Let me start this review off by saying that I do not often read Stephen King. I started The Stand a long time ago but my son was all of three years old at the time and the dead children disturbed me so much I couldn’t move forward with the book.
I’m sure I could read it now, but at the time I wasn’t ready for that sort of reality. I needed to keep my happy bubble of pretend-safety around my little boy. (C’mon, now, as safe as we try to keep our kids we all know there’s only so much we can do.)
While I haven’t read much of his work, I know who Mr. King is and have great respect for him. I’m not sure why it took me so long to pick this book up – it looks like it was written during my senior year of high school – but I’m pleased that I finally did.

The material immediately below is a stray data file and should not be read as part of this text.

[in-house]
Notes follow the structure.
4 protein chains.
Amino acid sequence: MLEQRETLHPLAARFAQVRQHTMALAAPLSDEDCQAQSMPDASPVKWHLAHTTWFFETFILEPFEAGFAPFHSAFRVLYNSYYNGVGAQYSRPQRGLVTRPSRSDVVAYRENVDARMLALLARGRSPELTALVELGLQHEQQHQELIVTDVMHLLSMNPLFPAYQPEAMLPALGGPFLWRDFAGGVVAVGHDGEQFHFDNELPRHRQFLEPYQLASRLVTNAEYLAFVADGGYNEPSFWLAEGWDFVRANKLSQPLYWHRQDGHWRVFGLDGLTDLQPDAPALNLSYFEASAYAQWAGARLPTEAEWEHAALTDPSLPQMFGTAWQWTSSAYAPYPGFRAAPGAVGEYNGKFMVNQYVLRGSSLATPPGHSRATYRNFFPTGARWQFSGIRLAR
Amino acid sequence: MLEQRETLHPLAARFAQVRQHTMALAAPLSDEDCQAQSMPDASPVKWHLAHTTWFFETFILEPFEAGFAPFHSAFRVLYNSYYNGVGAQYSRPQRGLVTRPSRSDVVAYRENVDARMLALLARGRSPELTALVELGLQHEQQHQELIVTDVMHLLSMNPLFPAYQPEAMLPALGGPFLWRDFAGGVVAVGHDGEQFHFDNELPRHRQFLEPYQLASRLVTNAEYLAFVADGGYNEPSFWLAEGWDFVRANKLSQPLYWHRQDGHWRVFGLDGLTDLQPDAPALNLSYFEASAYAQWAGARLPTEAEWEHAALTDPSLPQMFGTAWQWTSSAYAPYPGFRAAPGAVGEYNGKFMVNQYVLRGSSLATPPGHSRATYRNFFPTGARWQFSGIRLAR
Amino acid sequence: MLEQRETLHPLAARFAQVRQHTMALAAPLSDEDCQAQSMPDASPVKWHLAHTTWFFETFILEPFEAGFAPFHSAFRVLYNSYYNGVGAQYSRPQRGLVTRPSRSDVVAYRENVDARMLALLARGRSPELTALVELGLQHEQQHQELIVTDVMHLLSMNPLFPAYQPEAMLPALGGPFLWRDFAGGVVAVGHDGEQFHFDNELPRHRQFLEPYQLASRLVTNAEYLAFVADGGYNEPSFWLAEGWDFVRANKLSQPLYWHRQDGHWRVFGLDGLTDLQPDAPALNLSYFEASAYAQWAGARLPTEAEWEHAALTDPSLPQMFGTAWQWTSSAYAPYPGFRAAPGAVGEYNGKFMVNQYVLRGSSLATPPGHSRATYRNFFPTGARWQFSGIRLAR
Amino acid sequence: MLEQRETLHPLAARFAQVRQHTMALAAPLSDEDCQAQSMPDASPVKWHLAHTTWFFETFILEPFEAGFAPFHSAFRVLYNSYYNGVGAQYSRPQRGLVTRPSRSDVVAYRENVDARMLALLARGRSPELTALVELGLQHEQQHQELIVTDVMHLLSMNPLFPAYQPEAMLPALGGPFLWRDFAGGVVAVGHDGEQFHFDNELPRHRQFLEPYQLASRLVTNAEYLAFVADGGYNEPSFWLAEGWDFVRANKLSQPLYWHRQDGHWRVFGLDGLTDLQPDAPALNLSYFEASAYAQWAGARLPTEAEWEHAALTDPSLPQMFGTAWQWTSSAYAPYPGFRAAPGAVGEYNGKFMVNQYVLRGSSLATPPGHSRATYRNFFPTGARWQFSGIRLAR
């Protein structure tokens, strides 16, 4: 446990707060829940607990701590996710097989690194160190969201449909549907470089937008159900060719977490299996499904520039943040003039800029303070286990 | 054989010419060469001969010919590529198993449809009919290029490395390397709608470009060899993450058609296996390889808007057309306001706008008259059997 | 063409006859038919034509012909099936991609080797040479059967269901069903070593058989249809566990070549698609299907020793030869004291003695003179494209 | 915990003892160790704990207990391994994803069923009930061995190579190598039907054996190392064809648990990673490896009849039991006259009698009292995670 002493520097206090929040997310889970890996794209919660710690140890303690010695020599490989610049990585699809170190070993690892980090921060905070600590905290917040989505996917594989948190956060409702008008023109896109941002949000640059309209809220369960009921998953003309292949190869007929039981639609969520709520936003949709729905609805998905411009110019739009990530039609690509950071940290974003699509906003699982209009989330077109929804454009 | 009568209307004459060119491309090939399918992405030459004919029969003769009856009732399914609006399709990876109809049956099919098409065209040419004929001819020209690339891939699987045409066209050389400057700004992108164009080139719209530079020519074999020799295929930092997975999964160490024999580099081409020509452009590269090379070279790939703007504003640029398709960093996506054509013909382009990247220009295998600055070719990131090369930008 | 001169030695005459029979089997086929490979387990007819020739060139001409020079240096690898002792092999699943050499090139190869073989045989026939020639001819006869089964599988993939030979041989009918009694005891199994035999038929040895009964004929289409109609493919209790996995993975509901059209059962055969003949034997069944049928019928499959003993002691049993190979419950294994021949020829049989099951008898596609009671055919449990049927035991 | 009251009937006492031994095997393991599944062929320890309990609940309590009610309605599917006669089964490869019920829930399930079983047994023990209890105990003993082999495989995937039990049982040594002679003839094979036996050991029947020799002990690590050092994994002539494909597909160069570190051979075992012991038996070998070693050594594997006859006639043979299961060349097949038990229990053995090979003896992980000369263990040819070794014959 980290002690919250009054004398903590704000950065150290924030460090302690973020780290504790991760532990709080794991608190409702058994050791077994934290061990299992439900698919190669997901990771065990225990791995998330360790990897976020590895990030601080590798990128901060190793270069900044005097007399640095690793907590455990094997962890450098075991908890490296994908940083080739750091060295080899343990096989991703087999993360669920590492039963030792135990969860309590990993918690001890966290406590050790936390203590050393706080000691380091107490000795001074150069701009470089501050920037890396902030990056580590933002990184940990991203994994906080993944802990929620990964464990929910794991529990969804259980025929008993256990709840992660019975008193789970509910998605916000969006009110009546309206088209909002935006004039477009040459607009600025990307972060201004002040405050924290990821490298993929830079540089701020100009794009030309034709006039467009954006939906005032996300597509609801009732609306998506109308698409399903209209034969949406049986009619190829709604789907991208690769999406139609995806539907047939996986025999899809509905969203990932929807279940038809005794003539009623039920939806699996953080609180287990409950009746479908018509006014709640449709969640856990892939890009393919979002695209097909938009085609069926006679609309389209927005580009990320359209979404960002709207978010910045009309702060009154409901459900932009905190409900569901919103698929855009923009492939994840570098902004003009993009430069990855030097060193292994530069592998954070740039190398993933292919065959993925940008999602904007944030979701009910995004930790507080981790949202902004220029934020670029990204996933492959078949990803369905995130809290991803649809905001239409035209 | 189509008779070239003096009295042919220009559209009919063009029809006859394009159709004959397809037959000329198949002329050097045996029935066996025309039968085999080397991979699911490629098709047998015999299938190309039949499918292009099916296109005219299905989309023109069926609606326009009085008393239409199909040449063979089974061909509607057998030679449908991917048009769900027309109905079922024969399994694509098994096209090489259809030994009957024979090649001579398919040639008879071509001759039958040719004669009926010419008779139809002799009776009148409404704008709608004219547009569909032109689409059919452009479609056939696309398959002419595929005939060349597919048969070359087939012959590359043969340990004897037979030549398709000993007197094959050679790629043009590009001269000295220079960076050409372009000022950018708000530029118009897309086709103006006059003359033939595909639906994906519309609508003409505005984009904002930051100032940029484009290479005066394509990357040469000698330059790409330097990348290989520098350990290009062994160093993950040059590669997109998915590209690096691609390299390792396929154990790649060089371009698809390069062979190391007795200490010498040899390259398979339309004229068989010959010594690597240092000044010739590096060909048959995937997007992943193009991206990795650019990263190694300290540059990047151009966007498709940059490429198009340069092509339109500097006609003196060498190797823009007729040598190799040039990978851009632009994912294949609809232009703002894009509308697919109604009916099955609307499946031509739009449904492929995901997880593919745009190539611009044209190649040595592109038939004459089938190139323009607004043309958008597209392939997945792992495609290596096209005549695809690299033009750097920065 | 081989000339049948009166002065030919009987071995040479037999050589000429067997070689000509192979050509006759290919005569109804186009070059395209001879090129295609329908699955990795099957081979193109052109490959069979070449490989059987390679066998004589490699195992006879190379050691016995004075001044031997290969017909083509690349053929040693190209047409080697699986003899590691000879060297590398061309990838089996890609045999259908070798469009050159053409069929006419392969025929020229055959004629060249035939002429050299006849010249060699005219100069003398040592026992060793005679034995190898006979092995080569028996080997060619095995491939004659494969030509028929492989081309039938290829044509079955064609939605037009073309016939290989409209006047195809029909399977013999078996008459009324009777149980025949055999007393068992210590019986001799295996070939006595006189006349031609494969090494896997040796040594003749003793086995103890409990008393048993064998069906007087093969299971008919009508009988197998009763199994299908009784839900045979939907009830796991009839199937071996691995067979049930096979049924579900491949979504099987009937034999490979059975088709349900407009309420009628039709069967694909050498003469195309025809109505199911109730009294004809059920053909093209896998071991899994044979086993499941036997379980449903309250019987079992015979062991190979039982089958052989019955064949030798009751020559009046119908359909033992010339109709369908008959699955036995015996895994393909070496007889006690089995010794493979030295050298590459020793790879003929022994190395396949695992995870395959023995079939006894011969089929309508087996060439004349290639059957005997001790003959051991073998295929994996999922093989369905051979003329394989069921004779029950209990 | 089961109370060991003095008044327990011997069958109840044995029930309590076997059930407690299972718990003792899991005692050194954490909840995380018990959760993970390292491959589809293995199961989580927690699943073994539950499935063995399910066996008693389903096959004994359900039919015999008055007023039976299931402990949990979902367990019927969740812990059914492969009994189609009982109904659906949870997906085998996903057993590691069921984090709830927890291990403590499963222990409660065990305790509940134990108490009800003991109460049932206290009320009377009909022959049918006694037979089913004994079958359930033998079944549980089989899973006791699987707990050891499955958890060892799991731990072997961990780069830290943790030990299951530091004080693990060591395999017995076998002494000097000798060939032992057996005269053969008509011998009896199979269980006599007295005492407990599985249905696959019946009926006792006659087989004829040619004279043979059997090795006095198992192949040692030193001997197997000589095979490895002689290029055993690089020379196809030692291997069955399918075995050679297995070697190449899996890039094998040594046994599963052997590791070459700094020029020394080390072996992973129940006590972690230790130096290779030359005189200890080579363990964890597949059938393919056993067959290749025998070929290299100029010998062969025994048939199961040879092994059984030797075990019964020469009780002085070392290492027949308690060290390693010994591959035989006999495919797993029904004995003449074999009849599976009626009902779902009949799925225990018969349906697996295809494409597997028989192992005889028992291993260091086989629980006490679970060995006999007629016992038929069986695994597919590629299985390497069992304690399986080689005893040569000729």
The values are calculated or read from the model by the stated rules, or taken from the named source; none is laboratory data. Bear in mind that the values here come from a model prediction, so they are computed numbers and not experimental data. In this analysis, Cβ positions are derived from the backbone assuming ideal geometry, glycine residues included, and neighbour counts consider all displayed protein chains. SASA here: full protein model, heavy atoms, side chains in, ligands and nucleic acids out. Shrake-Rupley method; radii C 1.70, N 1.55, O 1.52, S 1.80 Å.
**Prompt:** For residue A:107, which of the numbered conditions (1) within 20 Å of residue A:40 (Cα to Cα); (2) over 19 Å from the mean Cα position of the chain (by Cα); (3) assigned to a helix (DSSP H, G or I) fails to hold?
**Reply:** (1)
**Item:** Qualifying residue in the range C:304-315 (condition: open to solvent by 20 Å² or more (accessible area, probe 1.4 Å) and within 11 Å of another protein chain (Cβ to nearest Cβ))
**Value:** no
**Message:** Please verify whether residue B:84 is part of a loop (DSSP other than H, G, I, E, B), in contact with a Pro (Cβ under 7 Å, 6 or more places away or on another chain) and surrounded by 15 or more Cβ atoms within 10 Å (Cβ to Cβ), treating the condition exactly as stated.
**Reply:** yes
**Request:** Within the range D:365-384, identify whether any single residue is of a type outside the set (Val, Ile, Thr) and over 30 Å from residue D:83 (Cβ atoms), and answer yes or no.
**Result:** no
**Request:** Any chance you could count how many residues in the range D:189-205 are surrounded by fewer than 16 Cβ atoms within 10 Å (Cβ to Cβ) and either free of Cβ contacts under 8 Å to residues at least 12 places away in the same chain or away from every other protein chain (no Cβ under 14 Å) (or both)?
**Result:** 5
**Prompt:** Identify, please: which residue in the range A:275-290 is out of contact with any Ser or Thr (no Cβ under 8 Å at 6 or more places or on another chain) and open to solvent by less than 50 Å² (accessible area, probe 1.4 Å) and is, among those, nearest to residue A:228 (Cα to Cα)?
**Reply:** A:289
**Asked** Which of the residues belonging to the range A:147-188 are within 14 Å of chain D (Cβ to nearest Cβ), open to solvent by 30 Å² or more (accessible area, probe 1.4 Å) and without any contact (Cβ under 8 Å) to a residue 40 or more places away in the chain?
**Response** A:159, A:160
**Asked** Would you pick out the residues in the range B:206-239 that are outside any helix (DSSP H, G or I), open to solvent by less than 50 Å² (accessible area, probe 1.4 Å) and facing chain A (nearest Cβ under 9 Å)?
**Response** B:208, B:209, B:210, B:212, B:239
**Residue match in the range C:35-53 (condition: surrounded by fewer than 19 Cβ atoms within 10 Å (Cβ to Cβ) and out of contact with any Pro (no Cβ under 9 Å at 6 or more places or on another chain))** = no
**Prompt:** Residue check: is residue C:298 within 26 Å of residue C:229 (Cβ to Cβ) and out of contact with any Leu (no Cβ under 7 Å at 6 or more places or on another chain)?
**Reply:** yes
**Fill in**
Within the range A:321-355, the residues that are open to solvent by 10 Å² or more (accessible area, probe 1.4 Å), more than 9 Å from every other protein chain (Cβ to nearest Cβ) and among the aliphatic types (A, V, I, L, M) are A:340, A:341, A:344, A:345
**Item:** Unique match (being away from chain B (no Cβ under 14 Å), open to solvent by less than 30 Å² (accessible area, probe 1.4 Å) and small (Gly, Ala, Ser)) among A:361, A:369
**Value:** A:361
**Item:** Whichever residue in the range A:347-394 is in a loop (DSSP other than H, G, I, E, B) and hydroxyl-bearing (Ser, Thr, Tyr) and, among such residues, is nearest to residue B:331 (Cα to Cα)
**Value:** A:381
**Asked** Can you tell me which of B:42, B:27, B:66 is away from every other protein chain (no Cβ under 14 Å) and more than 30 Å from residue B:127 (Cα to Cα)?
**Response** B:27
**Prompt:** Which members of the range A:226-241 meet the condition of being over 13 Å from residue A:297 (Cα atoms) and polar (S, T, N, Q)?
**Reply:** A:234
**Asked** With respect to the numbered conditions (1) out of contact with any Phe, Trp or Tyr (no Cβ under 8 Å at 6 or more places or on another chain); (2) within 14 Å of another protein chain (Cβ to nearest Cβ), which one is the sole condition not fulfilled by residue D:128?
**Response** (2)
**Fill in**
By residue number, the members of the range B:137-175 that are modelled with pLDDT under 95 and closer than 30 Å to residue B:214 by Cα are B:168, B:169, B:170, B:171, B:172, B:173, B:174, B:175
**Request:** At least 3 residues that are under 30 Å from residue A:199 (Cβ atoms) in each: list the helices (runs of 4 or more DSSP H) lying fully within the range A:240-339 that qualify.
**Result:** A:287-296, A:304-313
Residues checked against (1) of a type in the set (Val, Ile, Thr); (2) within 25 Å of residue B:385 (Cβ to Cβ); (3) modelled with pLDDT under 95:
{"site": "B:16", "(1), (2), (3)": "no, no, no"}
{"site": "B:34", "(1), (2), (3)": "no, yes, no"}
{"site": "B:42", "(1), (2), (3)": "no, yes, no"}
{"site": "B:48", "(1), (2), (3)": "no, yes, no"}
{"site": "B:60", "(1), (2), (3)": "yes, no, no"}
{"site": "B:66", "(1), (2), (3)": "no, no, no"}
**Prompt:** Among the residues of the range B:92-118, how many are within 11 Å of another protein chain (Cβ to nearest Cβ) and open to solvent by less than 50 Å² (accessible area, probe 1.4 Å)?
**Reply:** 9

This book is freeing.
Yes, he reminds us about some of the mechanics of writing such as the dreaded adverb or adverbial clause, but he only touches on these for a moment. But for the most part, Mr. King’s “memoir of the craft” feels like a commiseration.
He proves that reading and writing are magic. And he invites authors to embrace that magic, reminding us why we enjoy this craft in the first place. I recommend this book to any and all writers out there who haven’t already picked it up. It’s a worthy read.